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Former DPHHS auditor files wrongful discharge suit against state

Former DPHHS auditor files wrongful discharge suit against state

Richard Opper mug

Richard Opper

MISSOULA -- A former state auditor has sued the state of Montana, alleging she was wrongfully discharged for doing her job: uncovering misuses of state and federal funds at the Department of Public Health and Human Services.

Carol Bondy, who was the DPHHS Audit Bureau Chief for 14 years before having her job terminated in December, also named the agency’s director Richard Opper in the suit filed Oct. 18 in Lewis and Clark County District Court. The suit makes several allegations that top state officials sought to hide requested information from legislators and bent or broke state contracting rules, citing audit work conducted as early as 2009. It also alleged without detail that the “practices were directed by persons located within the Governor’s office,” according to court documents. Bondy also argues in the suit that her firing violated state and federal labor laws, in part, because she had faced no previous discipline and she was banned from accessing her office while under review.

“I was fired for what I know and have documents to show about the misuse of funds at DPHHS rather than any misdeed of my own,” Bondy said Tuesday. “I filed the lawsuit to absolve myself and to state my position. And I wanted to make public the misuse of funds I found.”

DPHHS Spokesman Jon Ebelt declined to discuss the allegations detailed in the suit.

"DPHHS takes seriously any allegations of wrongful termination, just as we take seriously any case of employee misconduct," he said in a written statement. "In the interest of making the fairest decision to all involved, we do not comment on ongoing litigation."

Ebelt did provide a copy of the determination from Bondy's unemployment benefits hearing. According to the July 22 document, the Montana Department of Labor and Industry hearing officer concluded that Bondy's termination was appropriate, in part, because she failed to report one of her subordinates for "secretly providing documents to a legislator" and for "refusing to provide information" her supervisor requested. Other allegations of misconduct were not substantiated.

Bondy’s suit references some of the same incidents. In it, Bondy said her subordinate, who also was fired, had complied with state public records law by providing the requested information, which department managers had omitted when the request had been made to them. Bondy also said she refused the DPHHS management request to turn over materials from incomplete audits or to stop certain audits as directed because it violated national standards designed to protect auditors' independence and integrity.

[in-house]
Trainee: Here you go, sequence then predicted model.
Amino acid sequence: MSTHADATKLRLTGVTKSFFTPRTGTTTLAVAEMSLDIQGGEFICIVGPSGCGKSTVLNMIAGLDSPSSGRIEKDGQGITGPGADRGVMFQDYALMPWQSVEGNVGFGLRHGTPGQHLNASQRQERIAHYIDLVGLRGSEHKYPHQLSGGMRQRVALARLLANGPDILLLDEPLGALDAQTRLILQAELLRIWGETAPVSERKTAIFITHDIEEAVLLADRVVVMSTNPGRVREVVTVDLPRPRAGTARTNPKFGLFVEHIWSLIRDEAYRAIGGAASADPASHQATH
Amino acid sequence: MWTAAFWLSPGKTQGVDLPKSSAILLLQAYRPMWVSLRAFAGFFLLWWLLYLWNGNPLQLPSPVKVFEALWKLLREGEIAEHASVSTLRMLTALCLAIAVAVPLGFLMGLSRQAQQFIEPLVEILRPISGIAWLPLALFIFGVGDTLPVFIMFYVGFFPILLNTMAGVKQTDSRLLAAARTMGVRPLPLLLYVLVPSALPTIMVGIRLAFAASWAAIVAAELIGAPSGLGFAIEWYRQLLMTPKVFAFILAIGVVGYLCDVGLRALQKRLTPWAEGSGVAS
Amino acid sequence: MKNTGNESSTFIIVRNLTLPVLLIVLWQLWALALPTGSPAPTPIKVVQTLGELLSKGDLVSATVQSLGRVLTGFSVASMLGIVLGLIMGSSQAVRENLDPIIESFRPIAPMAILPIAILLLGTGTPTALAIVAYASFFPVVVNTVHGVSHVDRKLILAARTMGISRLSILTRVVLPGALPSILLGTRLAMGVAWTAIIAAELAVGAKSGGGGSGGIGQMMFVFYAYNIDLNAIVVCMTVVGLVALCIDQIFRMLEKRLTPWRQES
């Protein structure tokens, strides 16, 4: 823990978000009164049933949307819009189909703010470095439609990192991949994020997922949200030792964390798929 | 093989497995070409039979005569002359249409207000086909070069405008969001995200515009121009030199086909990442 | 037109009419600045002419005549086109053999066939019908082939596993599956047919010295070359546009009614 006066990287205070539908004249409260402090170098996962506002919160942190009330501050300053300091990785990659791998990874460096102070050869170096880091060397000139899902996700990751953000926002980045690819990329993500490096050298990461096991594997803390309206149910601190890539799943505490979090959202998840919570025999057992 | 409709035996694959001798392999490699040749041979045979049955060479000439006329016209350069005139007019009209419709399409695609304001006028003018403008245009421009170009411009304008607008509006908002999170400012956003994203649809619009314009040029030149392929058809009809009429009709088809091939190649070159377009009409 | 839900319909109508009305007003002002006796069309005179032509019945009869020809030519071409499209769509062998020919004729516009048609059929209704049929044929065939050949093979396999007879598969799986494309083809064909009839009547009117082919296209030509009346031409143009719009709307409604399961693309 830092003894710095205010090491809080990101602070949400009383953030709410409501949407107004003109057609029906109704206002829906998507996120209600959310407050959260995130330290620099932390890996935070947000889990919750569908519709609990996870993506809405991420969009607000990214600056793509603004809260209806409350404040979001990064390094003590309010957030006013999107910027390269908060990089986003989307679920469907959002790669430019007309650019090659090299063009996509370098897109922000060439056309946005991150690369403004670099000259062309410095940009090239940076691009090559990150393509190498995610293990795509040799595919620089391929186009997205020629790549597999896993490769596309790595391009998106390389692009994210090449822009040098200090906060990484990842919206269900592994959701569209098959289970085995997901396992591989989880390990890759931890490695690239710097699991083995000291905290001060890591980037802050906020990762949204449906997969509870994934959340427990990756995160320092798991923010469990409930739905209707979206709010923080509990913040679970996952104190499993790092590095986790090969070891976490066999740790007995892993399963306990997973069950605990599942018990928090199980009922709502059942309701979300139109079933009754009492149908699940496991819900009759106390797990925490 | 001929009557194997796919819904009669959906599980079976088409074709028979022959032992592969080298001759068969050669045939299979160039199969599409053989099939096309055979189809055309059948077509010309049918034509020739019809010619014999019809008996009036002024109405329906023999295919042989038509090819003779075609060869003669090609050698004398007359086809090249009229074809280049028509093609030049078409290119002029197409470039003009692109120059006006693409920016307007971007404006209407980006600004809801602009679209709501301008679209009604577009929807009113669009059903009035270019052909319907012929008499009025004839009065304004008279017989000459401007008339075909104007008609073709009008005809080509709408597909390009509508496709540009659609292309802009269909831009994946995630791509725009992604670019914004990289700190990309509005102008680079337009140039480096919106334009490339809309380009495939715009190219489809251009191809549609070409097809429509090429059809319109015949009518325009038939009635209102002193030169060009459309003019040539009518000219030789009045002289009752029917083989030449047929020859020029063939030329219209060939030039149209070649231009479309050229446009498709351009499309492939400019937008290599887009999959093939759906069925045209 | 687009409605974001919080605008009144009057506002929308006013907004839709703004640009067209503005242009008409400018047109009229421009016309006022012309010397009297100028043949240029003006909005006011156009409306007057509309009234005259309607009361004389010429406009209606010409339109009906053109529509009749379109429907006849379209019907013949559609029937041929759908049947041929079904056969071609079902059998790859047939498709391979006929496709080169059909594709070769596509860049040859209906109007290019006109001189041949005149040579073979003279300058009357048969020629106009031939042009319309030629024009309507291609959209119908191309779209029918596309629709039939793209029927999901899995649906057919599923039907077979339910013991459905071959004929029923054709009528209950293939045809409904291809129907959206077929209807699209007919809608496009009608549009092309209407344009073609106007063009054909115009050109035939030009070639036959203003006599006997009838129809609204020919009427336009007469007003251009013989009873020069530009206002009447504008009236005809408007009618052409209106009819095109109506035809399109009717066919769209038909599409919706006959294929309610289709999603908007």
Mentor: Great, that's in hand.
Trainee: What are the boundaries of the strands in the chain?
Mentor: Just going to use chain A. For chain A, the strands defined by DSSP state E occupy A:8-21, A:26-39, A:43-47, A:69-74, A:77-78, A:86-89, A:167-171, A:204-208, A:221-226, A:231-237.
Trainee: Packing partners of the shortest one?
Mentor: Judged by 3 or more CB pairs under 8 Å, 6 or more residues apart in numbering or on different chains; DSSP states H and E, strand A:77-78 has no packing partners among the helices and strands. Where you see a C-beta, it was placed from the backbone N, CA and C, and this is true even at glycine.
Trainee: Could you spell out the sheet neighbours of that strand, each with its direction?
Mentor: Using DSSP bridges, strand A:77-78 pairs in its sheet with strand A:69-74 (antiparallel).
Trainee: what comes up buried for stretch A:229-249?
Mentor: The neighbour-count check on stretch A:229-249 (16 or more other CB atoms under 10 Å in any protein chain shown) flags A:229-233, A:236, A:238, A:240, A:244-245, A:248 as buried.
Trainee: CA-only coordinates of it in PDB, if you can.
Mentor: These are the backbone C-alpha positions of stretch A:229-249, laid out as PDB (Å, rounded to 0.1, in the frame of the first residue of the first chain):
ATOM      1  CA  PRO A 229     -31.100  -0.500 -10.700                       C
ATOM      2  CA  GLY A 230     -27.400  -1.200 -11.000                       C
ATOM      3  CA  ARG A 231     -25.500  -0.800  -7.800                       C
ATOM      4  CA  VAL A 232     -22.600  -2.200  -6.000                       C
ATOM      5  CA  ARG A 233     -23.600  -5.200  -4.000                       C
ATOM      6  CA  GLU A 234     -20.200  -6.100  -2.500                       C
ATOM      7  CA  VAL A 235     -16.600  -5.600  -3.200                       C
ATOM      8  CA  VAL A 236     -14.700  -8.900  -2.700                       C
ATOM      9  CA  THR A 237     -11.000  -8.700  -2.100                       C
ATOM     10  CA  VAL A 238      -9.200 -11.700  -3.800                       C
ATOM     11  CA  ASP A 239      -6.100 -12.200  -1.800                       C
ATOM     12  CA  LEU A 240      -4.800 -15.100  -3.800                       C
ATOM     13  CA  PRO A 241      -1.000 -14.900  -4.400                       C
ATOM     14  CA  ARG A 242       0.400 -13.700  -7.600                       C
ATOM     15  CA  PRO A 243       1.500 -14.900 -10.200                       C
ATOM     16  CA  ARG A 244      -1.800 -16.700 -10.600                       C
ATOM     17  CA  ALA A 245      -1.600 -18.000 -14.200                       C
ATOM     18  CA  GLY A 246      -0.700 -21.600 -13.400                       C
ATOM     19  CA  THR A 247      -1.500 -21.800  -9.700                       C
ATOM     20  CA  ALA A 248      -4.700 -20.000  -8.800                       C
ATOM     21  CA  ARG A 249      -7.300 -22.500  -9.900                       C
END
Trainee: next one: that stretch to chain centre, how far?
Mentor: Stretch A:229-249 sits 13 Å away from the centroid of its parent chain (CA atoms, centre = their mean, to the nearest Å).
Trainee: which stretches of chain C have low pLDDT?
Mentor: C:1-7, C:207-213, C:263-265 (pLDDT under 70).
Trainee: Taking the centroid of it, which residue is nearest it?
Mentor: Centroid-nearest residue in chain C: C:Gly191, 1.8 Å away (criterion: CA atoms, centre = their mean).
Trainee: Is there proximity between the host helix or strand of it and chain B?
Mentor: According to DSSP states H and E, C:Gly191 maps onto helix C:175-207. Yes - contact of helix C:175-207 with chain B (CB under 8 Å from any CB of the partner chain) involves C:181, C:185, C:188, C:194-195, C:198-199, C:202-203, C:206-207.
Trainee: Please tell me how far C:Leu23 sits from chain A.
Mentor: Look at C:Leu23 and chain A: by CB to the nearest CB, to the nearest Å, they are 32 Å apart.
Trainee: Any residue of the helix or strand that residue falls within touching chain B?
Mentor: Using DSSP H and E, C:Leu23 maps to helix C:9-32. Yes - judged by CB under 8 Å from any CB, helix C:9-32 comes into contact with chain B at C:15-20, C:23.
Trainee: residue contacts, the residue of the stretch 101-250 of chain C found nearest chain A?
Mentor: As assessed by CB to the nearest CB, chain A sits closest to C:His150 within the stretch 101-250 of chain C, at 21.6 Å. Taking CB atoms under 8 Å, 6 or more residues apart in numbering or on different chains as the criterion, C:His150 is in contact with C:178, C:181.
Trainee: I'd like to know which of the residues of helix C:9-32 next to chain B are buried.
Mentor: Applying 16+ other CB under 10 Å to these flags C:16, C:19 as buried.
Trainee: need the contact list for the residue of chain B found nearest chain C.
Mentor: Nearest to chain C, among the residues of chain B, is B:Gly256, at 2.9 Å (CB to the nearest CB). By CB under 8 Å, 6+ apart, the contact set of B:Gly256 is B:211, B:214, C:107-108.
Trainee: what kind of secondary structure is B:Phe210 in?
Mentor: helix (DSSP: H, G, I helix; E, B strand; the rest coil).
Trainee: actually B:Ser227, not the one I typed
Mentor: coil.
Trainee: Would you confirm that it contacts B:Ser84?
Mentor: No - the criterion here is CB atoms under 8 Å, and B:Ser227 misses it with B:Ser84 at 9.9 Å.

Previous stories by Lee Newspapers and the Bozeman Chronicle highlighted other, largely anonymous, allegations by former state employees that they had been fired for refusing to hide agency mismanagement or questionable contracts. Some also suggested the decision to let them go or to pay settlements to them instead of going to court in a wrongful discharge suit came at the direction of Gov. Steve Bullock. He has previously denied the claims and characterized them as politically motivated.

Republicans had for months asked Montana reporters to talk with aggrieved former state employees they suggested had been retaliated against for highlighting mismanagement in their departments. Bullock’s challenger, Greg Gianforte, called roughly $745,000 in settlements with 42 state employees “an attempt to silence whistleblowers.” Lee Newspapers has previously reported that some of the incidents the GOP referenced were found by legislative auditors to be without merit.

On Tuesday, GOP Party Chairman Jeff Essmann speculated what more might come to light during the suit.

“If these allegations prove out, it appears that Gov. Bullock’s million dollars of hush money did not silence everyone,” he said.

Bullock Spokesman Tim Crowe denied retaliation allegations and distanced the governor from any misdeeds claimed in the suit.

"The main points in this case refer to the previous administration," Crowe said in a written statement. "No one from the governor's office directed that Ms. Bondy be fired and any suggestion to the contrary is false."

Bondy’s attorney, James Brown, provided legal representation for the conservative group American Tradition Partnership until parting ways in 2013, according to previous reports.

Asked if her suit was politically motivated, Bondy said it was coincidence that her suit was filed so close to Election Day and in the middle of one of the state's tightest gubernatorial races.

“I had to go through the administrative grievance process before I could file a lawsuit. My last hearing was July 12,” she said, noting she has spent time on little else than clearing her name. “Then I had to write up my position on my wrongful discharge. The timing of the administrative process had more to do with the timing of my suit than anything. I only have a year to file a lawsuit as of Dec. 9.”

District Judge DeeAnn Cooney is listed a presiding over the case. She was appointed to the job by Bullock in December upon the retirement of Judge Jeffrey Sherlock and is running for election to hold that seat. She also is the wife of Lt. Gov. Mike Cooney. Her clerk did not return a Tuesday call requesting information on whether she would recuse herself from the case.


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Lee Newspapers state reporter Jayme Fraser emphasizes in investigative journalism and data reporting.

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